Ben Heineman, currently a Senior Fellow at Belfer Center for Science and International Affairs and formerly General Counsel at General Electric, is a brilliant man, a respected academic and a thought leader on corporate governance matters and the changing role of the corporate general counsel. But he missed the mark in his recent post entitled “No, GCs Should Not Be on the Board,” which you can access here.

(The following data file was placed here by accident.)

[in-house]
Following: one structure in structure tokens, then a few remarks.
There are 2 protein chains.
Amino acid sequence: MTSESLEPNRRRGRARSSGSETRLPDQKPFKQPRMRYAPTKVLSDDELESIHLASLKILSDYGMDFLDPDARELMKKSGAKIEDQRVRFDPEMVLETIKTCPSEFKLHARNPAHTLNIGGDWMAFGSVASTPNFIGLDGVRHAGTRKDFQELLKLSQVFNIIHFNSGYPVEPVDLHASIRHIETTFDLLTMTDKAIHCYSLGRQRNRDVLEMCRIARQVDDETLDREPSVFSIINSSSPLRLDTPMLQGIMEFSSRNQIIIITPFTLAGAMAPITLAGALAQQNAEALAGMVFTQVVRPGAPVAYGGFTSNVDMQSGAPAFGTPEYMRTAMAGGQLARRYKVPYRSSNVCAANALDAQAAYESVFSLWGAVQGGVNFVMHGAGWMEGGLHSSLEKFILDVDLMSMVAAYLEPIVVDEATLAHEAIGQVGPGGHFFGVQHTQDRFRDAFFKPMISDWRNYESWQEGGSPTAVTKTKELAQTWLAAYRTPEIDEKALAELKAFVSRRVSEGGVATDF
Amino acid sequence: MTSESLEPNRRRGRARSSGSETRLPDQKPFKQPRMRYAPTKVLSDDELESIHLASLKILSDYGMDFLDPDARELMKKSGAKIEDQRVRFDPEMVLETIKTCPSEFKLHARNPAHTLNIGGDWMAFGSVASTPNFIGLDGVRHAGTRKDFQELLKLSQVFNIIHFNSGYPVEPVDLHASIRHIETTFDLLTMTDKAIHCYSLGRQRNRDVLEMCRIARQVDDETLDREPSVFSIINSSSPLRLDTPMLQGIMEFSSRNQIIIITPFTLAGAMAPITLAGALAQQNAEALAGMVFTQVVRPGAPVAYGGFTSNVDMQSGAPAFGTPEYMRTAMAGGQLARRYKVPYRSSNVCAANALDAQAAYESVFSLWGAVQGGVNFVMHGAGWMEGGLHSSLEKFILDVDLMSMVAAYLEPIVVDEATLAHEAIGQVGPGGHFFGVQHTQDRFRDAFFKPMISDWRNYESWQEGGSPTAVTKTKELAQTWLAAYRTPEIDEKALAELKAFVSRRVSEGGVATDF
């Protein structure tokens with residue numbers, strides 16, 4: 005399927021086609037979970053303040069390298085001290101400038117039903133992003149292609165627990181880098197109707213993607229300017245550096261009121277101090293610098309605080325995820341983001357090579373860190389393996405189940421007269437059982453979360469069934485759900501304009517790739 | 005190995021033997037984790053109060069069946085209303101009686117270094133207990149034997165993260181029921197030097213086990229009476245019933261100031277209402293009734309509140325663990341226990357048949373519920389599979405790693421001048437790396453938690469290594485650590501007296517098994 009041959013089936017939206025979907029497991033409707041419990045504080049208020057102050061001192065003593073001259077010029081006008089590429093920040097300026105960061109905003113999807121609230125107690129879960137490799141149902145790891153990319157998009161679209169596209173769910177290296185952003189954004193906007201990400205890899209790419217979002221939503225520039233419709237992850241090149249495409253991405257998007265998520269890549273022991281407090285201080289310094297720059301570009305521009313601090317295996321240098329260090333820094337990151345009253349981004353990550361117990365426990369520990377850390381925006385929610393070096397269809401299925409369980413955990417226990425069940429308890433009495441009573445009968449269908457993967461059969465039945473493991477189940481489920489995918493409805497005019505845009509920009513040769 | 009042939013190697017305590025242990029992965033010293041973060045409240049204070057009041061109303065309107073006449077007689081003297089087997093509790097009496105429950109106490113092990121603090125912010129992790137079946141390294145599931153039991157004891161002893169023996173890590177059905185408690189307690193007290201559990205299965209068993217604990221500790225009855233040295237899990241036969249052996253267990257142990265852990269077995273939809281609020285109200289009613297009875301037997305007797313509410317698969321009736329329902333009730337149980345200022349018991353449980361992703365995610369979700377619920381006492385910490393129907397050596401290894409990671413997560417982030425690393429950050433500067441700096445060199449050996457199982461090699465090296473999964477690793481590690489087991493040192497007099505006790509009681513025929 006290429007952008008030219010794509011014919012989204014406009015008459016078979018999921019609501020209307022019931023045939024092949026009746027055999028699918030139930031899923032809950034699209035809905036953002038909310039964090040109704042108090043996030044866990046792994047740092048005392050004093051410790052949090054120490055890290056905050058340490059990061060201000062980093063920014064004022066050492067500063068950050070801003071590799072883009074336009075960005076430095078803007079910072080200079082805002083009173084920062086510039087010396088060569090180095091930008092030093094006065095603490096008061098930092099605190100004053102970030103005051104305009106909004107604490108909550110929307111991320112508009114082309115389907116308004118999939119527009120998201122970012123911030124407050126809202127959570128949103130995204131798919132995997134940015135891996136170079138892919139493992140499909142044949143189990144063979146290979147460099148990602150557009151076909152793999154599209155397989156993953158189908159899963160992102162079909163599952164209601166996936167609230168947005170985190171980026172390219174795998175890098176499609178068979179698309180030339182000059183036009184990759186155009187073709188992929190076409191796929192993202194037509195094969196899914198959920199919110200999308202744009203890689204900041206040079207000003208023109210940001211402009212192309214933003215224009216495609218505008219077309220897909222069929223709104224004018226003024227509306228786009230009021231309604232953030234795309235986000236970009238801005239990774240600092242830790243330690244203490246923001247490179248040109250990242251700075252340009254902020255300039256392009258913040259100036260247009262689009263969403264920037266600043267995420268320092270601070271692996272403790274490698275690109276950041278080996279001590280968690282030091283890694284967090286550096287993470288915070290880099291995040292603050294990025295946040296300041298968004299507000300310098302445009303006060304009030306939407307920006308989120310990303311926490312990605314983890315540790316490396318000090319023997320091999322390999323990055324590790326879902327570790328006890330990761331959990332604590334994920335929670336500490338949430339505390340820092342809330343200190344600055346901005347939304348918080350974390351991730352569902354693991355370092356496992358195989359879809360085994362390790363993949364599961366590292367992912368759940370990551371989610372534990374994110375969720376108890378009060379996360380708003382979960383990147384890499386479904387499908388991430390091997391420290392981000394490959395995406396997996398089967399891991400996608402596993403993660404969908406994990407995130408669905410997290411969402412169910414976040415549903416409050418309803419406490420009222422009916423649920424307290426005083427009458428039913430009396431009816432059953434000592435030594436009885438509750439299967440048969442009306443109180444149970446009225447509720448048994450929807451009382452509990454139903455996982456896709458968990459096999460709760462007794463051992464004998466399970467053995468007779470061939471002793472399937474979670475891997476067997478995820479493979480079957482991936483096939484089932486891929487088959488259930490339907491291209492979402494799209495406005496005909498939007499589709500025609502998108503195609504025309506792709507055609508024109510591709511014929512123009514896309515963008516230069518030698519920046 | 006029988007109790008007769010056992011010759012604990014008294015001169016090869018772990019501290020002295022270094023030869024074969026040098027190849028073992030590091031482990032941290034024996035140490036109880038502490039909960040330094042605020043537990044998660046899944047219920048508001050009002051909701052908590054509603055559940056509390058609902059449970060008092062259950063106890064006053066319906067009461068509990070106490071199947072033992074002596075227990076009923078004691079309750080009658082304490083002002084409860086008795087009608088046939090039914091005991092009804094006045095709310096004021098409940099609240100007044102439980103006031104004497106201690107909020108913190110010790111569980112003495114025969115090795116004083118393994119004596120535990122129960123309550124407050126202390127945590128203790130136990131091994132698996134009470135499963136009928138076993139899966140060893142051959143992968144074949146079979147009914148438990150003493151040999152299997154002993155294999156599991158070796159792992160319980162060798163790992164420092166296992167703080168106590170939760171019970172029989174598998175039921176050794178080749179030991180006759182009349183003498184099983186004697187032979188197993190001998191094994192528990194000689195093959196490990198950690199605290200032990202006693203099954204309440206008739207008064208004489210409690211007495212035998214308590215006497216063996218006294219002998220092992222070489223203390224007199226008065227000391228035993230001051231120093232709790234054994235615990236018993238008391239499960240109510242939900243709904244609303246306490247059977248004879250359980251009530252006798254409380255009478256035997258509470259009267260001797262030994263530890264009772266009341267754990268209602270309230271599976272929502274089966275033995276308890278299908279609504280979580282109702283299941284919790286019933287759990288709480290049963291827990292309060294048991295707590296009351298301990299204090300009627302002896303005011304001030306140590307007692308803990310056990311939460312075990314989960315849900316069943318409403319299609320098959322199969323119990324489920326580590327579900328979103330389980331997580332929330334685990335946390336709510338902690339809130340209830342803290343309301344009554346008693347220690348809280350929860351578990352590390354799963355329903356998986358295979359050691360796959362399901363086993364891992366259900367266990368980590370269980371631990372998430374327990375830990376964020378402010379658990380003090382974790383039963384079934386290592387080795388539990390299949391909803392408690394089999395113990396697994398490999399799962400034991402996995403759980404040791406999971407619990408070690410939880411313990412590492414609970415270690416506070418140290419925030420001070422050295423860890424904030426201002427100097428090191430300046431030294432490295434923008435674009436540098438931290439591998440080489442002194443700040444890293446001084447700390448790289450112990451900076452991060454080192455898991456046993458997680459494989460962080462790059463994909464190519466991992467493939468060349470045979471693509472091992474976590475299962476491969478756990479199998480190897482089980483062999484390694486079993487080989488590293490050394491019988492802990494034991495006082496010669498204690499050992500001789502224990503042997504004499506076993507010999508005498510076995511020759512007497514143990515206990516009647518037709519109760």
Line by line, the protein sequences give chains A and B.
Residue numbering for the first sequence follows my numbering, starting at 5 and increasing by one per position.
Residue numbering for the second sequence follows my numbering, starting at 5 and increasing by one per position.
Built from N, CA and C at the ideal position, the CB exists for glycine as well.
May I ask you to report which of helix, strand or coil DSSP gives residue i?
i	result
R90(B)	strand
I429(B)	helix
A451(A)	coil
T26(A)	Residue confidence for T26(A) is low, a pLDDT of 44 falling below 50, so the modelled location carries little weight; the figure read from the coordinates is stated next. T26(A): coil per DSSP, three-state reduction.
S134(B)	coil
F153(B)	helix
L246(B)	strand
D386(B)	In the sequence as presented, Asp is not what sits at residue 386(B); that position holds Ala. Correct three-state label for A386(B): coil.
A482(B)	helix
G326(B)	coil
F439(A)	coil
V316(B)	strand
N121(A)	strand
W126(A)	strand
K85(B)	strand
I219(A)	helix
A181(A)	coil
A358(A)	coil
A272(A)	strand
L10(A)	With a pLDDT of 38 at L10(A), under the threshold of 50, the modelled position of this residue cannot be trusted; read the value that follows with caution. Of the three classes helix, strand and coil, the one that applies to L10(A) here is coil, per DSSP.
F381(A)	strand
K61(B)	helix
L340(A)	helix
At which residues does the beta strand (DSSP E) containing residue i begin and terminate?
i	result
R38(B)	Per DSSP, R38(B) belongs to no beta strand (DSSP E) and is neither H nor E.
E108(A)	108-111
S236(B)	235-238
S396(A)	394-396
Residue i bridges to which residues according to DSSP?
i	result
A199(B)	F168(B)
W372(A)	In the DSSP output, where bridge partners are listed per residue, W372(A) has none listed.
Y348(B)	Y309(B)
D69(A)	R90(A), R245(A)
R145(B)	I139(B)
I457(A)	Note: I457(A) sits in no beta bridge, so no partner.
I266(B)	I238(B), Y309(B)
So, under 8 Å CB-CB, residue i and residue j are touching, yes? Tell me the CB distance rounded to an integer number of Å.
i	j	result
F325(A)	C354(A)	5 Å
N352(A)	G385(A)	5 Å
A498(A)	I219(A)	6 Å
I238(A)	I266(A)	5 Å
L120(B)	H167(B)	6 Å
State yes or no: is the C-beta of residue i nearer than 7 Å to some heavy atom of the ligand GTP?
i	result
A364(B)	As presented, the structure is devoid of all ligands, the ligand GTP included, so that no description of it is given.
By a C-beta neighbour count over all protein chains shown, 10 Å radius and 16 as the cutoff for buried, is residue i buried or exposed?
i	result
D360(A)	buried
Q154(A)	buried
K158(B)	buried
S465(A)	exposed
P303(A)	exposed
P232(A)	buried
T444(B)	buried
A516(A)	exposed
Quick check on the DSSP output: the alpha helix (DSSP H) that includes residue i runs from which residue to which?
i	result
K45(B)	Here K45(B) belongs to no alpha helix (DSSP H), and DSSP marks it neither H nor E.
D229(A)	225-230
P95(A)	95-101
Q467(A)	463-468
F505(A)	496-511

Mr. Heinemen rightly opines that GCs should not be both client and lawyer, which by definition is a conflict of interest no matter whom you ask. But the question and answer as to whether a GC should or should not aspire to sit on a board is by definition too narrow. The question needs to turn on the board on which the GC wishes to sit. It is undeniable that GCs of sophisticated, well managed and well governed companies have experience and expertise that would prove beneficial in almost all board scenarios, including assessment and analysis of risk management, regulatory and tax compliance, strategic planning, compensation matters and governance issues, just to name a few hot topics for all boards and the GCs who counsel them. Who better to have as a member of your board than a person who has delved into, and analyzed, these issues for a living? Lawyers, as the saying goes, think differently. Leaving the jokes aside, lawyers with critical thinking skills that have been practiced and mastered over a career can only lead to broader discussions and better informed decision-making as boards provide direction and advice. I nominate Ben for Chairman.